Sisters of Alpha Xi Delta Helping People with Autism in Various Ways
October 02, 2017
BY: Cheyanne Gonzales ’18
CLEVELAND, Ohio – Hannah Richard ‘19, a marketing major at the University of Mount Union, has become heavily involved on campus by joining Alpha Xi Delta sorority and taking part in the mentoring portion of the Spectrum Program.
When joining Greek Life, Richard knew Alpha Xi Delta was the right sorority for her because of their connection with Autism Speaks, their philanthropy.
“I knew AXiD was the one for me,” Richard said. “I wanted the opportunity to give back to a philanthropy I care about.”
It wasn’t widely known by the other members of the sorority that Richard’s brother has autism. She decided to announce it a year after joining the sorority when the members were preparing to attend the 2016 Autism Speaks Walk in Cleveland.
Richard is so passionate about Autism Speaks and felt attending the walk was a life changing experience for her. She spent the day painting faces and interacting with the kids. She recalls one interaction where a little boy with autism grabbed the brush and wanted to help paint. Richard said a lot of people would have taken the brush back, but she knew, from her experiences with her brother, that letting him help her paint was a way to help him feel more comfortable.
Richard explained how important the walk can be for the families. It is the one day where the kids can be the star of the show and the families don’t have to worry about disruptive behaviors because everyone attending the walk understands.
“That can make somebody’s year,” Richard said.
Her passion for Autism Speaks and her personal connection is what lead her to becoming Alpha Xi Delta’s philanthropy chair. This year, she was the one who helped to organize the sorority’s participation in the walk which took place on Sunday, September 24. The members of Alpha Xi Delta volunteered at the walk by face painting, taking photos, passing out food and acting as cheerleaders along the path the attendees walked.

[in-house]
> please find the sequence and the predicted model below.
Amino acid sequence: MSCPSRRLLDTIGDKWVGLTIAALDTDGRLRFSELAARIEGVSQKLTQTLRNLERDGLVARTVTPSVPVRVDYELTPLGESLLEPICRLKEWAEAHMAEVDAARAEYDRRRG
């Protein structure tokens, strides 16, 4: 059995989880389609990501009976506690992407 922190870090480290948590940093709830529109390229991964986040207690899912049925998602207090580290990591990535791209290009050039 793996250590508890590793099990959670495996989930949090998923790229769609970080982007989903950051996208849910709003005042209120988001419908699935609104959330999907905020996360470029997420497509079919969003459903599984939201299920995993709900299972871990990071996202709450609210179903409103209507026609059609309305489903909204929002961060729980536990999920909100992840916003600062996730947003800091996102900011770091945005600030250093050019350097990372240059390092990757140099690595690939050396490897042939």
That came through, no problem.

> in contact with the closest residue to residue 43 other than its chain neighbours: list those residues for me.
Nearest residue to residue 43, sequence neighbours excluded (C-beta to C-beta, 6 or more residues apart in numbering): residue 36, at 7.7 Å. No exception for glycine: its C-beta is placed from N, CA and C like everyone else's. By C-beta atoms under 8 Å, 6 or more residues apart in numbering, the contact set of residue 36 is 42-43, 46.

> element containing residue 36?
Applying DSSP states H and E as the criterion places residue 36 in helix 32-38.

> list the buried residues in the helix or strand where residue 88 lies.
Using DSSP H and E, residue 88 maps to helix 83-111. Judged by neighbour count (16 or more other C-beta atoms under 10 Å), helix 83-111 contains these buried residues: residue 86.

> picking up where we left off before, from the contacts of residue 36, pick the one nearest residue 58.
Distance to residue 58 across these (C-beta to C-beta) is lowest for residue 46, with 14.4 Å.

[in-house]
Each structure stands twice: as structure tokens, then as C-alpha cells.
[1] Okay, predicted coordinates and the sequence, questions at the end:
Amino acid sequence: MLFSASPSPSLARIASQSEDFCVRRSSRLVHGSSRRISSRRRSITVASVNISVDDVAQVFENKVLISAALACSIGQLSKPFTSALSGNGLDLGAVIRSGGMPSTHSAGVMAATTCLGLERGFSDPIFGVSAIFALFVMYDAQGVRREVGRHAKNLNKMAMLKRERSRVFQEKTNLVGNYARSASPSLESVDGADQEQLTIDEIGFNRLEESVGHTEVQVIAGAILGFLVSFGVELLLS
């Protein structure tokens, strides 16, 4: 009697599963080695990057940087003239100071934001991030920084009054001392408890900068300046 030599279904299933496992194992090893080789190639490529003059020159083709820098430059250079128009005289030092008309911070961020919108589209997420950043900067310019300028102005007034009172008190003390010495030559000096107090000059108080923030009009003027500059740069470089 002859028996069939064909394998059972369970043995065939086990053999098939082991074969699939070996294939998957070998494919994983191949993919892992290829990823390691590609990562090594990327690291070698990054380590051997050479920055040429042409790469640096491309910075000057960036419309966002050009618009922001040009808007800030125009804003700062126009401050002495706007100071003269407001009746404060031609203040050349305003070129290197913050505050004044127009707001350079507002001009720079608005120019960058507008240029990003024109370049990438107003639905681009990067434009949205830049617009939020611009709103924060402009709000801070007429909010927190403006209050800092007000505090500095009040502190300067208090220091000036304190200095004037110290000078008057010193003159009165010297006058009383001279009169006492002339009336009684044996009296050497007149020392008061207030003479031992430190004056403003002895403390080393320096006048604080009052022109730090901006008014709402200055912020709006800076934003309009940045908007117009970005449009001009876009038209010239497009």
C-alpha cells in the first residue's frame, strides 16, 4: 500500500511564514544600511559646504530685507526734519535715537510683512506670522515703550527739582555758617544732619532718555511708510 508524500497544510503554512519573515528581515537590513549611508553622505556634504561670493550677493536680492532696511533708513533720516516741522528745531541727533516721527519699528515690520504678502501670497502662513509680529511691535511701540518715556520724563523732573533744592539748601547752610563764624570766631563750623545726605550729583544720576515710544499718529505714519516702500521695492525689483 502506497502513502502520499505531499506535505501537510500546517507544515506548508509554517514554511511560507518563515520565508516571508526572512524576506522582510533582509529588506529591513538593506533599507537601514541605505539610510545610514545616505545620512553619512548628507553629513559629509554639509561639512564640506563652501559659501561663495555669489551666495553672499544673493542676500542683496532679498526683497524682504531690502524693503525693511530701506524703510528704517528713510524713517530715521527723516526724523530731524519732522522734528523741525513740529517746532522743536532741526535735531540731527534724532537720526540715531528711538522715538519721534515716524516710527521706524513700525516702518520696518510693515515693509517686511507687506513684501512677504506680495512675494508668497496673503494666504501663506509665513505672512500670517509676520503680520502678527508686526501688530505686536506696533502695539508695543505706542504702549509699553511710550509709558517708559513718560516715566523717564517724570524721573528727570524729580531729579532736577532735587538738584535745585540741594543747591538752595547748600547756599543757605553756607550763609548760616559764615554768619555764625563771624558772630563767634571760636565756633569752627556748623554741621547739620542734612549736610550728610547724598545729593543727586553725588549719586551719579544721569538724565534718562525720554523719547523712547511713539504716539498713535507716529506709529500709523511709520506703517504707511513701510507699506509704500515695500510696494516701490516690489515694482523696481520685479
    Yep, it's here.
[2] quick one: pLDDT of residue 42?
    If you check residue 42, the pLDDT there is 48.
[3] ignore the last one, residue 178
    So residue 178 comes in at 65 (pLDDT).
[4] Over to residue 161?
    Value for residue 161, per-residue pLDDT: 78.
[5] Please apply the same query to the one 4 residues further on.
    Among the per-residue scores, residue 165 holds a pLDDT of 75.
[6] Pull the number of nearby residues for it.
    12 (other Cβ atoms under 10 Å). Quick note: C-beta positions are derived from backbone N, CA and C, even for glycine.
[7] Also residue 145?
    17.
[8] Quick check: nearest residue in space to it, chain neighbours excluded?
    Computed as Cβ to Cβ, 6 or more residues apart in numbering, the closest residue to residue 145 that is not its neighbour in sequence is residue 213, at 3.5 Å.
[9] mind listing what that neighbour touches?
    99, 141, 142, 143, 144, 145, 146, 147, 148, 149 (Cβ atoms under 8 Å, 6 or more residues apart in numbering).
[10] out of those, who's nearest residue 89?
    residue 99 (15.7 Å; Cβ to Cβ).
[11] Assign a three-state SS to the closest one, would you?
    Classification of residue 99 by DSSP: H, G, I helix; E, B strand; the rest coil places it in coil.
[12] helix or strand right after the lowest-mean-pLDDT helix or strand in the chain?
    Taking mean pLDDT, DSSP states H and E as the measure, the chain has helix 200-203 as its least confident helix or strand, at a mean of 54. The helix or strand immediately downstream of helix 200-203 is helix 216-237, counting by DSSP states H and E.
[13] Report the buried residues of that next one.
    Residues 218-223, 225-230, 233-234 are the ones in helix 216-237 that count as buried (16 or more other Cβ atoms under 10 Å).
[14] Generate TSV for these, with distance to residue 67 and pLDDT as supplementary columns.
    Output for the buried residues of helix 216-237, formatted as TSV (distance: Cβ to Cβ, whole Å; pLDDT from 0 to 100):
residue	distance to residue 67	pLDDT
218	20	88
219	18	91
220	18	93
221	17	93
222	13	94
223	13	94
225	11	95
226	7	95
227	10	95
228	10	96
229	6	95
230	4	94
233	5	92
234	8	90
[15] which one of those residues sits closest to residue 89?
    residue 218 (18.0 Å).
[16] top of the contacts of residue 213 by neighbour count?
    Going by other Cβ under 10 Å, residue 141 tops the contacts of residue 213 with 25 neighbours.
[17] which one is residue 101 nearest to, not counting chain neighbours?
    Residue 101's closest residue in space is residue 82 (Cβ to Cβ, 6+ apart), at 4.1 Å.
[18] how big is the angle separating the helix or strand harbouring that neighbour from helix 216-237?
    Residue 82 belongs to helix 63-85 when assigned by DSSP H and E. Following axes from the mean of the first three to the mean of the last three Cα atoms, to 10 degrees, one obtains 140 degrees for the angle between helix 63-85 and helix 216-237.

Growing up, Richard saw the little things her mother did to help her brother be more social and to make him more comfortable in social situations. While she didn’t understand it growing up, after learning more about Autism Speaks and taking part in the Spectrum Peer Mentoring Program, she now understands how much her mother did to help her brother.
“She made such an impact with my brother in small and subtle ways.” Richard said. “She was amazing and I wanted to give back.”
Being a mentor for the last two years has allowed her to do just that. A few times each week, Richard and a few other students meet with students from local schools who have autism. In the group setting, they work on communication skills and play ice breaker games.
“These kids love hanging out with us,” she said.
For the mentoring program, the student mentors work one-on-one and in group settings with the mentees to help them develop positive social skills to help limit disruptive behavior. Richard is able to use her experience growing up and seeing her mother help to change her brother’s behavior in small ways with what she does as a mentor. It’s just the little adjustments and taking the time to teach them that can really help to affect their behaviors in a positive way.
Along with the mentoring program, students at Mount Union have the opportunity to take part in the Spectrum Program and Internship. This program gives students the opportunity to have a semester long immersive experience working with people with autism.
Bailey Grimm ’17 took part in the program in the fall of 2016. She had originally asked to take part in the program as an independent study, but with the help of Dr. Kristine Turko, professor of psychology, neuroscience and human development and director of the Spectrum Education Center, the independent study became a course to set up the Spectrum Program.
“I joined the program because I knew I wanted to teach children with autism after graduation,” Grimm said. “This program did help me to solidify that I was on the right path.”
Throughout her time with the program, she would meet with specific students once a week where they would work on social skills.
“The first couple of weeks with your students was about getting to know them,” she said. “Finding their strengths and their weaknesses. From there, you got to create “lessons” on how to make their strengths stronger and how to make their weaknesses into strengths.”
Like Richard, Grimm is an Alpha Xi Delta, but before joining the sorority she didn’t know much about autism. After hearing about Autism Speaks and learning more about it, she knew she wanted to work with people who have autism.
“Being in the Spectrum Program not only assured me that I love working in the field of autism,” Grimm said. “It also deepened my pride and love for my sorority and all the hard work they do to raise money and advocate for Autism Speaks.”